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'Monaco is soulless and vapid -- but their team isn't'

A visit to to the area left Tommy Martin unimpressed — but don’t hold that against Arsenal’s Champions League opponents.

Monaco outclassed Arsenal in the first-leg meeting between the sides.
Monaco outclassed Arsenal in the first-leg meeting between the sides.
Image: AP/Press Association Images

ONE OF THE less-noted crimes perpetrated by Arsenal in their Round of 16 first-leg defeat to Monaco was making the Russian billionaire-owned club, from a tax haven with the world’s highest GDP per capita, seem like plucky underdogs.

Of course, it’s partly a legacy of Arsene Wenger’s time as manager — Hoddle, Weah, Djorkaeff etc — that AS Monaco are mildly likeable when the place they’re from is so objectionable.

I spent a couple of days there in 2011. The occasion was the late summer UEFA jamboree that surrounds the group stage draws for the Champions and Europa Leagues and, at that time, the staging of the UEFA Super Cup.

As with most places where the super-rich decide to hoard their wealth, there was a sense of emptiness about Monaco, only exacerbated by the sun and the setting. Imagine the accumulated sadness of all the children in the world who’d never learned to share their toys living together in the same place as grown-ups.

A typical street: Maserati showroom, private bank, headquarters of an international sporting federation. The engine of a Bugatti Veyron growls, as if angry at the pointlessness of being driven on narrow streets whose horrendous traffic mean it can never outpace an energetically-pedalled bicycle. At night, open-shirted playboys and high-end sex workers meet in soulless bars.

The first display of genuine emotion I experienced while there was when running into a bunch of Atletico Madrid supporters on their way to the Stade Louis II. The general rambunctiousness of football fans, with their chants of devotion and derision, contrasted completely with the vapid sophistication around them. Perhaps that’s why the Super Cup has been quietly moved away to be staged on a revolving circuit of real cities, the kind that Formula One drivers don’t choose to live in.

Monaco’s status as a playground for super-rich tax avoiders derives from the late 19th century decision of the ruling Grimaldi dynasty to get into the casino game. Until then the Grimaldis had funded their tenacious hold on the sun-drenched rock, ironically, through the grinding taxation of neighbouring townspeople.

French Soccer - Premiere Division - AS Monaco v RC Lens Source: EMPICS Sport

(A number of great French footballers, including Thierry Henry, started off at Monaco)

When the folk of Menton and Roquebrune, quite understandably, decided they’d had enough and threw their lot in with France, the Monte Carlo Casino was built to keep the diminutive monarchy afloat. Its success was such that the remaining Monegasques were spared the collection of any income tax at all. Cue the arrival of generations of greedy gazillionaires.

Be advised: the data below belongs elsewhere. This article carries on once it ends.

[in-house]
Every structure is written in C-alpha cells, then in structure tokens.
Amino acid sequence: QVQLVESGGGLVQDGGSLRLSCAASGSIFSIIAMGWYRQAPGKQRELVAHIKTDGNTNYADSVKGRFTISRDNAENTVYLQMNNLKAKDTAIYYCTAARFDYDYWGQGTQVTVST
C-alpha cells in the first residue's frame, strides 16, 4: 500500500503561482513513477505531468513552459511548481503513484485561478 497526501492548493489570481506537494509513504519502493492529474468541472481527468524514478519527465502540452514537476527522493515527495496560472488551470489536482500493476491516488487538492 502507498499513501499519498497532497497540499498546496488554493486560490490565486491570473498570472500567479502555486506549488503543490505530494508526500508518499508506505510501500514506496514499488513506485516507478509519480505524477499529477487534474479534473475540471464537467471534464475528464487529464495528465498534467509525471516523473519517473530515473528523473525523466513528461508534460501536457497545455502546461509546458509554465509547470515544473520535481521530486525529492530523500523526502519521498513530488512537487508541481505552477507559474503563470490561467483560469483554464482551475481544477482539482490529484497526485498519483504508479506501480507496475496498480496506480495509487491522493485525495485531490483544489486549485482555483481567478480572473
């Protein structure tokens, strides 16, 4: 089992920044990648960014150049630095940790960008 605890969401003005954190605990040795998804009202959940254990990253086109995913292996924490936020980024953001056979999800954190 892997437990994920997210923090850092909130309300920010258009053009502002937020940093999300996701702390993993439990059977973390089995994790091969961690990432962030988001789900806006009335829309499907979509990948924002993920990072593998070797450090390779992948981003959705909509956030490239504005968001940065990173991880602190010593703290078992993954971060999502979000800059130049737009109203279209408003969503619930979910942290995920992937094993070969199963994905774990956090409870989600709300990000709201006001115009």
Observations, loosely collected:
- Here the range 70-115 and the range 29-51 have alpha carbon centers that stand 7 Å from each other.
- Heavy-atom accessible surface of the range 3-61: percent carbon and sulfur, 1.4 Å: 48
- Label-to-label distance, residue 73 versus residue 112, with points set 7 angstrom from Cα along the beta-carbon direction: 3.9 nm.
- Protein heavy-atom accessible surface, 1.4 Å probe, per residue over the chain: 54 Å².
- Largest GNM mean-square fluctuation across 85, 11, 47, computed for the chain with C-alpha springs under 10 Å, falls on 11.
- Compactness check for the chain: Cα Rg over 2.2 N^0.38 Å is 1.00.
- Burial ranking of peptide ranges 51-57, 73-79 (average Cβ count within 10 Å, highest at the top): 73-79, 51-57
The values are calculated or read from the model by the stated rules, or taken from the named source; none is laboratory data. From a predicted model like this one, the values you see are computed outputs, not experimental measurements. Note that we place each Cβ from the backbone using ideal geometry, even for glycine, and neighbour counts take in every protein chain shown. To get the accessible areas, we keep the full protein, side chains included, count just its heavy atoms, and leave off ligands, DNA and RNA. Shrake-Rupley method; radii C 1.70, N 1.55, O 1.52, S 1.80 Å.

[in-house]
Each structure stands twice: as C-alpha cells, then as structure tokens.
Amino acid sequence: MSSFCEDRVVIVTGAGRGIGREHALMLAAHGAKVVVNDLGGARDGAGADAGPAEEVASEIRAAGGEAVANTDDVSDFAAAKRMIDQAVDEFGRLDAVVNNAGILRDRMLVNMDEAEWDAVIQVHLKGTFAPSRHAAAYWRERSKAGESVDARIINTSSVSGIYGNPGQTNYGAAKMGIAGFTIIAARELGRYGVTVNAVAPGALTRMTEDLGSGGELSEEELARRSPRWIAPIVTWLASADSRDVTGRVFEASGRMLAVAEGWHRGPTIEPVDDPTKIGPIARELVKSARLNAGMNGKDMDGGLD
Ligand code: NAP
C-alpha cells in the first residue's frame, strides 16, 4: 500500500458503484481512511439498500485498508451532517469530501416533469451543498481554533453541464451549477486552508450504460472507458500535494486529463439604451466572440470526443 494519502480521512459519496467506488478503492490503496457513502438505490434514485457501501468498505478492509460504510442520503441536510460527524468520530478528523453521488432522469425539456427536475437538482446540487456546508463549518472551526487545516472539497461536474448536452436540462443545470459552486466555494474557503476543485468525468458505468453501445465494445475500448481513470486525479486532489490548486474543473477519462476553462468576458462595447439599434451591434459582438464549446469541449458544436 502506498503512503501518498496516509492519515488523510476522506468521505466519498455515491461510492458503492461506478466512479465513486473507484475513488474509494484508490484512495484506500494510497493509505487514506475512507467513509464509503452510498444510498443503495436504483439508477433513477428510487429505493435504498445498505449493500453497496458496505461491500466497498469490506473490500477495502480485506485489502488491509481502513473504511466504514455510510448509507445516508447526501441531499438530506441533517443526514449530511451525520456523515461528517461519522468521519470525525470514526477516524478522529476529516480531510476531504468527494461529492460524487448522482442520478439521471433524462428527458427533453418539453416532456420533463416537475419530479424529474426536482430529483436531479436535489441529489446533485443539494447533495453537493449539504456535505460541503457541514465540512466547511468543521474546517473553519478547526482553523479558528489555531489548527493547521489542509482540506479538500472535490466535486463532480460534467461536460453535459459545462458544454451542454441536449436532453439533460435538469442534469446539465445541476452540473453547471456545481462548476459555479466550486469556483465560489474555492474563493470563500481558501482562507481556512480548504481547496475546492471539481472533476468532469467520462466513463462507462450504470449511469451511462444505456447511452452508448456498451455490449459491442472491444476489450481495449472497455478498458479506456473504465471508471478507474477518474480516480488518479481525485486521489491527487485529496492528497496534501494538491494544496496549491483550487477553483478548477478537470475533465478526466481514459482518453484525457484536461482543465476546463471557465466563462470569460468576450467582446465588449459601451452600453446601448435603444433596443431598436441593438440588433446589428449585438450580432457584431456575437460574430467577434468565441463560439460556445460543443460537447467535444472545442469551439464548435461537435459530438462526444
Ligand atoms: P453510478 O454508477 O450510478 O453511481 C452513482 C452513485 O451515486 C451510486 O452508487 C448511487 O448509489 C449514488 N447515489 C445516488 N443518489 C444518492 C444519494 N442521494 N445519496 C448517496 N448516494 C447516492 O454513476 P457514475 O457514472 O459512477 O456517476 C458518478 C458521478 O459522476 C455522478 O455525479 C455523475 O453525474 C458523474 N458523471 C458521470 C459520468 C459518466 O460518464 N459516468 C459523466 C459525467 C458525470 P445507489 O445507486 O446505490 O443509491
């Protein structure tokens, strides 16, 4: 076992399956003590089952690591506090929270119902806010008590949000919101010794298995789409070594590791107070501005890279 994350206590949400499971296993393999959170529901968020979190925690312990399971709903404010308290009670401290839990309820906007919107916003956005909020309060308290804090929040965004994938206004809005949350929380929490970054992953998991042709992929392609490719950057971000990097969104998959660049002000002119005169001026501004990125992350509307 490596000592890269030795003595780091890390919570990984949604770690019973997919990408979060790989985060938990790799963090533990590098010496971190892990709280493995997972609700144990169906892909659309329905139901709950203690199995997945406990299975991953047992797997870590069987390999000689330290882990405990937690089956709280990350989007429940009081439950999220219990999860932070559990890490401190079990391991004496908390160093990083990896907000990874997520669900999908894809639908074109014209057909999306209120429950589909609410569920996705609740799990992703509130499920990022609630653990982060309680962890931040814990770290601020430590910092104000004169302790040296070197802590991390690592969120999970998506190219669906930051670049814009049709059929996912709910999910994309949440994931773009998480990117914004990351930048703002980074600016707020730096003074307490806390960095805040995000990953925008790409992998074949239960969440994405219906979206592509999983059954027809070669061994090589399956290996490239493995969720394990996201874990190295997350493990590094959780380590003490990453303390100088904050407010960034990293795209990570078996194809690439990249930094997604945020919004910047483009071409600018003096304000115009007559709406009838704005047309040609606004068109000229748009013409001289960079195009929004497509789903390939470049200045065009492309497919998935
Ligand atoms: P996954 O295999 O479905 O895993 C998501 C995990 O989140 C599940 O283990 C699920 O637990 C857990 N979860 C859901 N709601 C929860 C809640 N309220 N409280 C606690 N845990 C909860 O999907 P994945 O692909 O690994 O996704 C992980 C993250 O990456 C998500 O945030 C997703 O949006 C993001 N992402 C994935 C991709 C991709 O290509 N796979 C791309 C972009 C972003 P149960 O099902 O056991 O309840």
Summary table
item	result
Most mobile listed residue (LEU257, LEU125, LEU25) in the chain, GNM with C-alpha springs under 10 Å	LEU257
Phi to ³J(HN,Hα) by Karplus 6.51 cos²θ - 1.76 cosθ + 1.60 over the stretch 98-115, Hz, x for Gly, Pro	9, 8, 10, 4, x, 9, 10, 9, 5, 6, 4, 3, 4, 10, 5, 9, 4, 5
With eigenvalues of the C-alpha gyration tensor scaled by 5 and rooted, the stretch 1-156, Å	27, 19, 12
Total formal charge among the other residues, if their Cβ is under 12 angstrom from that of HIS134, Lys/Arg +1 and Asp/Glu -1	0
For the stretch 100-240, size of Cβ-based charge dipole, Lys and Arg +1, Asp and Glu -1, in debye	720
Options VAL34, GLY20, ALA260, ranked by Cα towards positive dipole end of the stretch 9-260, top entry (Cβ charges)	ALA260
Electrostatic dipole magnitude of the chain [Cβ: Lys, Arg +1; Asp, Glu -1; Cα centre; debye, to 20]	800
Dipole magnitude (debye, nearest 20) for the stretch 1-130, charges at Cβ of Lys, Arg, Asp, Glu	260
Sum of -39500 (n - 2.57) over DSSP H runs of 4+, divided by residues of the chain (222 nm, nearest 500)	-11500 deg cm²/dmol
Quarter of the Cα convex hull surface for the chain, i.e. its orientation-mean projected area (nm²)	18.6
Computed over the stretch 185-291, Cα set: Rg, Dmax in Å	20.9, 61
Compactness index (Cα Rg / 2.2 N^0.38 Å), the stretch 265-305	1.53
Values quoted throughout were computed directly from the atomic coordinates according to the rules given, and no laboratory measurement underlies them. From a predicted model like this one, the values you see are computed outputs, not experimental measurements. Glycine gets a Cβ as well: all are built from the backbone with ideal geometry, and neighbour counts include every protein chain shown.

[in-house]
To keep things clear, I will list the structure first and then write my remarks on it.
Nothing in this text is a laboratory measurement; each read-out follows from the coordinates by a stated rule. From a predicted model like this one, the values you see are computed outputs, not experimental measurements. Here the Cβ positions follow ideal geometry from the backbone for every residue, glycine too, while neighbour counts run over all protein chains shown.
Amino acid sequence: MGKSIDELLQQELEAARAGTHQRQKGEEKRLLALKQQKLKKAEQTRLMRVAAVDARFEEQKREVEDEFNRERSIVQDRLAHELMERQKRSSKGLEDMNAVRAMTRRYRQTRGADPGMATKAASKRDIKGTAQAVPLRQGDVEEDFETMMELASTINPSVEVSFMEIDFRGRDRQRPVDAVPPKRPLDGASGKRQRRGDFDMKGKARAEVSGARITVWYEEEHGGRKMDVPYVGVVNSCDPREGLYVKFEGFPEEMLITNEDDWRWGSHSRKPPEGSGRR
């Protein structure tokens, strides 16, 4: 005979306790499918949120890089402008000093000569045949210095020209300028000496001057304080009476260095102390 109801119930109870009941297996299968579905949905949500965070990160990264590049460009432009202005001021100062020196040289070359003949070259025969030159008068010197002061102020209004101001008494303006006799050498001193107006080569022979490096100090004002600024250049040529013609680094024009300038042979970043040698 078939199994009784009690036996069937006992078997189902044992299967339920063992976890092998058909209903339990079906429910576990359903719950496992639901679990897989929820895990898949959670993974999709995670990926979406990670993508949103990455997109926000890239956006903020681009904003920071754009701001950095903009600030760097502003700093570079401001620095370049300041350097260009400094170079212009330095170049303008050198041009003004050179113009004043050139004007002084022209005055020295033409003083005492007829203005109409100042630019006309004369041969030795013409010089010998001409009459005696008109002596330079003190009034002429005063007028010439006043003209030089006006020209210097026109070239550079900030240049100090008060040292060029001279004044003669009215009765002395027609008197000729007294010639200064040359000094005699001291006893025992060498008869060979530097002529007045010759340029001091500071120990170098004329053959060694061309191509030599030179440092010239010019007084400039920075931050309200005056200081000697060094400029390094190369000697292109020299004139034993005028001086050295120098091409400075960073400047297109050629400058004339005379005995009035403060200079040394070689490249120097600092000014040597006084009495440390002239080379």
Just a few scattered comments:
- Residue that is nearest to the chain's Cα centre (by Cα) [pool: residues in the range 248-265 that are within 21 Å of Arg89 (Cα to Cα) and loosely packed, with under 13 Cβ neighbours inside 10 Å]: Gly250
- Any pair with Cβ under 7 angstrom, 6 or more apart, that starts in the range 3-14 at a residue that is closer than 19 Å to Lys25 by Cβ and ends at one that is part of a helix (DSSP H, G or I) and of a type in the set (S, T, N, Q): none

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Until the turn of the century, AS Monaco had managed to avoid the general taint of well-heeled indolence, despite having Monaco’s philandering tin-pot aristocracy as their number one fans.

As well as Wenger’s admirable battle against the dominance of a corrupt Marseille, the club’s impressive youth development system of that time would provide the backbone of France’s great international successes, producing players like Lilian Thuram, David Trezeguet, Emmanuel Petit and Thierry Henry.

But while Didier Deschamps’s team that reached the 2004 Champions League final was a talented, hard-working bunch, off the field, AS Monaco resembled a dissolute minor European prince gallivanting beyond his means on the Cote D’Azur. They were crippled by massive debts until Dmitry Rybolovlev plucked the ailing club aboard his metaphorical super-yacht and resuscitated them in grand style.

Rybolovlev’s well-publicised difficulties since — meddlesome Financial Fair Play rules, the most expensive divorce in history — meant it was a more modest AS Monaco that pitched up at the Emirates.

Topping a Champions League group while scoring just four goals suggested a dreary modus operandi, but the earnest and disciplined manner in which Arsenal were picked off two weeks ago reflected well on the reconstruction job done by coach Leonardo Jardim following the departures of Radamel Falcao and James Rodriguez.

Like their home principality, AS Monaco have shown resourcefulness and a knack for survival. Unlike the rock from whence they come, this team is characterised by doughty substance rather than gaudy opulence.

Arsene Wenger would be proud.

Tommy Martin presents Champions League live on Tuesday nights on TV3. 

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Tommy Martin

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